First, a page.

After yesterday’s long walk, Kris and I slept late. We ate a quick breakfast of croissant and coffee (or hot chocolate, in my case) on Rue Cler, then tried to buy tickets to Versailles. Tried to buy tickets.
Before we could get to Versailles, we had to buy tickets on the RER, the commuter line that runs to the outskirts of the city. This oughtn’t to have been too tough, but we made it so.
Our ticket-buying adventure
First, we tried the self-service ticket machine. No dice. When it came time to pay, my credit card wouldn’t work. Unlike the rest of the world (including France), the U.S. hasn’t adopted the chip and PIN system, so the machine couldn’t accept my card for payment. (You can use U.S. cards at most places in Europe — but not all of them.)
Because our cards wouldn’t work, we tried to scrounge for enough cash to buy the tickets — but the machine only accepted coins. The balance due was €6.20, but we only had €5.20 in change. No problem!
There was a ticket office right next to us, so we went inside to buy tickets from a human being. (Or to get change.) But the ticket office was closed, so we were out of luck. No problem!
Nearby stood one of the ubiquitous Parisian newsstands. Kris went over to get some coins — but the vendor wouldn’t break her bills. In fact, he wouldn’t even let her buy anything to get change for the machine. He refused to sell to us!
Flummoxed, we tromped across the Seine to another newsstand (one standing almost directly above the point in the tunnel where Princess Diana lost her life). I bought a copy of the International Herald Tribune (an abridged English-language international version of the New York Times). Or three. “Troi, monsieur?” asked the puzzled vendor. “Mi dispiace,” I said, substituting Italian for French. Oops.
In any event, we got the €2 coin we needed, which gave us enough to buy tickets for the train. We tromped back across the bridge to find that the ticket office was now open! We conserved our coins (they’re very useful in Paris) and bought tickets with cash from the man in the office — which gave us even more coins in change.
That trauma over, we finally boarded the train to Versailles. For twenty minutes, we sat across from a young man who was hacking and wheezing and looked pale as death. This came back to haunt us in a few days… (Foreshadowing!)
The palace of Versailles
In the village of Versailles, we ate a small lunch before heading to the palace. We bought a fresh, warm baguette at a bakery in town, which we combined with some goat cheese Kris had brought. I also ate my new favorite: pain au raisin (or raisin bread, which I wish I could eat for every breakfast). We dined in a lovely little park, watching the locals and the birds.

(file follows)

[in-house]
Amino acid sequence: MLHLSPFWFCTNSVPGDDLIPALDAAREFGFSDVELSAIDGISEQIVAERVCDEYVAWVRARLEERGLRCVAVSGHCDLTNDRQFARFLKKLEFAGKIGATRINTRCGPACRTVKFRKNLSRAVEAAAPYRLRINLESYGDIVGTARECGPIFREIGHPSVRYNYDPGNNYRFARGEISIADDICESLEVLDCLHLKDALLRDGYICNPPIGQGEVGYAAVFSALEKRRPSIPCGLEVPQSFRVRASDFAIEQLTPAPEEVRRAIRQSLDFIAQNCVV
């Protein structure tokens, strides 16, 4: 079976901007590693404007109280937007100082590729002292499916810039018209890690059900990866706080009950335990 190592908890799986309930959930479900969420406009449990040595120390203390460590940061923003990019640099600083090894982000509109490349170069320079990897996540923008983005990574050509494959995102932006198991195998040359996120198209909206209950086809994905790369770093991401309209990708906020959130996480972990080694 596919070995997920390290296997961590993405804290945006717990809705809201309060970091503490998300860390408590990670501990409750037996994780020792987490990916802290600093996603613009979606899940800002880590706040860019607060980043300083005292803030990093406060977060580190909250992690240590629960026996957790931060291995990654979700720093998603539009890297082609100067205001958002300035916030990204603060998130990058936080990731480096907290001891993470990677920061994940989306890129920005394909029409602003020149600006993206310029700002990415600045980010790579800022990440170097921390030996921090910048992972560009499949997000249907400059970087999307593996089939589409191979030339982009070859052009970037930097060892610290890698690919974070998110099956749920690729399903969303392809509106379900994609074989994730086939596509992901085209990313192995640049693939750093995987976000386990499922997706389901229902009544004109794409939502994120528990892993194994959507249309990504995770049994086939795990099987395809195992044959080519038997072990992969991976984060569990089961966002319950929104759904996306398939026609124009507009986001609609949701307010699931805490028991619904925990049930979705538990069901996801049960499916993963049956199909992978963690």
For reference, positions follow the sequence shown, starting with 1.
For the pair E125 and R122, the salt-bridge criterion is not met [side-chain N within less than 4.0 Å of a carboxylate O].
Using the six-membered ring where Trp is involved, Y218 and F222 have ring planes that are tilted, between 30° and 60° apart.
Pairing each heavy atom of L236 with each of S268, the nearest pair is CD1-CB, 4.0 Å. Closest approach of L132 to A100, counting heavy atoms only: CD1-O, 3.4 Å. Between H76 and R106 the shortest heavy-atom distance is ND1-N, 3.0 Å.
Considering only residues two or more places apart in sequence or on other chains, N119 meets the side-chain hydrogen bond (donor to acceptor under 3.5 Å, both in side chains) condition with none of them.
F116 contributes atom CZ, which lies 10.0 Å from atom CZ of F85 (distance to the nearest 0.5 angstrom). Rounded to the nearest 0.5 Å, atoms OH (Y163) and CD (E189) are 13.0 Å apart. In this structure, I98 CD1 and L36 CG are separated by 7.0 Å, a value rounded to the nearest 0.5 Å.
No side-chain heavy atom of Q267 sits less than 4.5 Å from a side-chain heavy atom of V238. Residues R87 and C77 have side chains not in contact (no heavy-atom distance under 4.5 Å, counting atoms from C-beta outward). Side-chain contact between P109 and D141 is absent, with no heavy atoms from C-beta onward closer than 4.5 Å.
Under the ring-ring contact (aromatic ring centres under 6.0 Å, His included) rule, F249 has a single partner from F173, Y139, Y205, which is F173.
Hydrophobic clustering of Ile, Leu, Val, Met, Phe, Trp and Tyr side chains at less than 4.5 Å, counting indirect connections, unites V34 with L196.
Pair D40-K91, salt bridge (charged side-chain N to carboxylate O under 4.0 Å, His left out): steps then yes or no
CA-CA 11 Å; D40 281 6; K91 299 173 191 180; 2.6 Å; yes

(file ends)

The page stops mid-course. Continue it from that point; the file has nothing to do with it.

After lunch, we toured the palace and gardens of Versailles. For one hundred years, this was the capital of the kingdom of France. It was also a symbol of royal decadence. When the French Revolution came, the palace was seized by the people, before eventually becoming home to Napoleon. Though large (well, enormous is a better word), beautiful, and opulent, the palace seemed somehow hollow, as if it were all glitter and no gold.
Part of the palace’s exterior
The Hall of Mirrors in the palace of Versailles
The gardens, on the other hand, were spectacular. We spent hours wandering the property. At one point, we ate yet another mediocre French meal. That was forgotten, however, as we resumed our stroll of the grounds. It was impossible to see everything — there are over 800 hectares (2000 acres or three square miles) of gardens.
Looking down the park at Versailles toward the Grand Canal
Kris strikes a classical pose
The highlight of the day came when the 300+ fountains put on their show between 1530 and 1730. We had two hours in the warm sun to watch the displays. Often, they were literally like fireworks with water. I did my best to capture them, but neither video nor photos did them justice. And two hours wasn’t enough to see all of the fountains we wanted.
It was amazing.
One of over 300 fountains in the gardens at Versailles
If you go to Versailles, go when the fountains are on. They’re on for festival days and summer weekends. It’s well worth checking in advance to be sure you get to see the display. I’m not kidding.
Here’s a two-minute video that features highlights from our day at Versailles:
Back in Paris, we spent our evening at the laundromat. We had to decipher the instructions, which were oblique even when translated to English. With the help of a young French man (who didn’t speak English but could tell we were lost), we finally figured out how to buy soap and get the machines started.
Clean clothes in hand, we packed for the next day’s transfer to our river cruise!
Strickly speaking, this isn’t good English. The laundry video has another funny misspelling.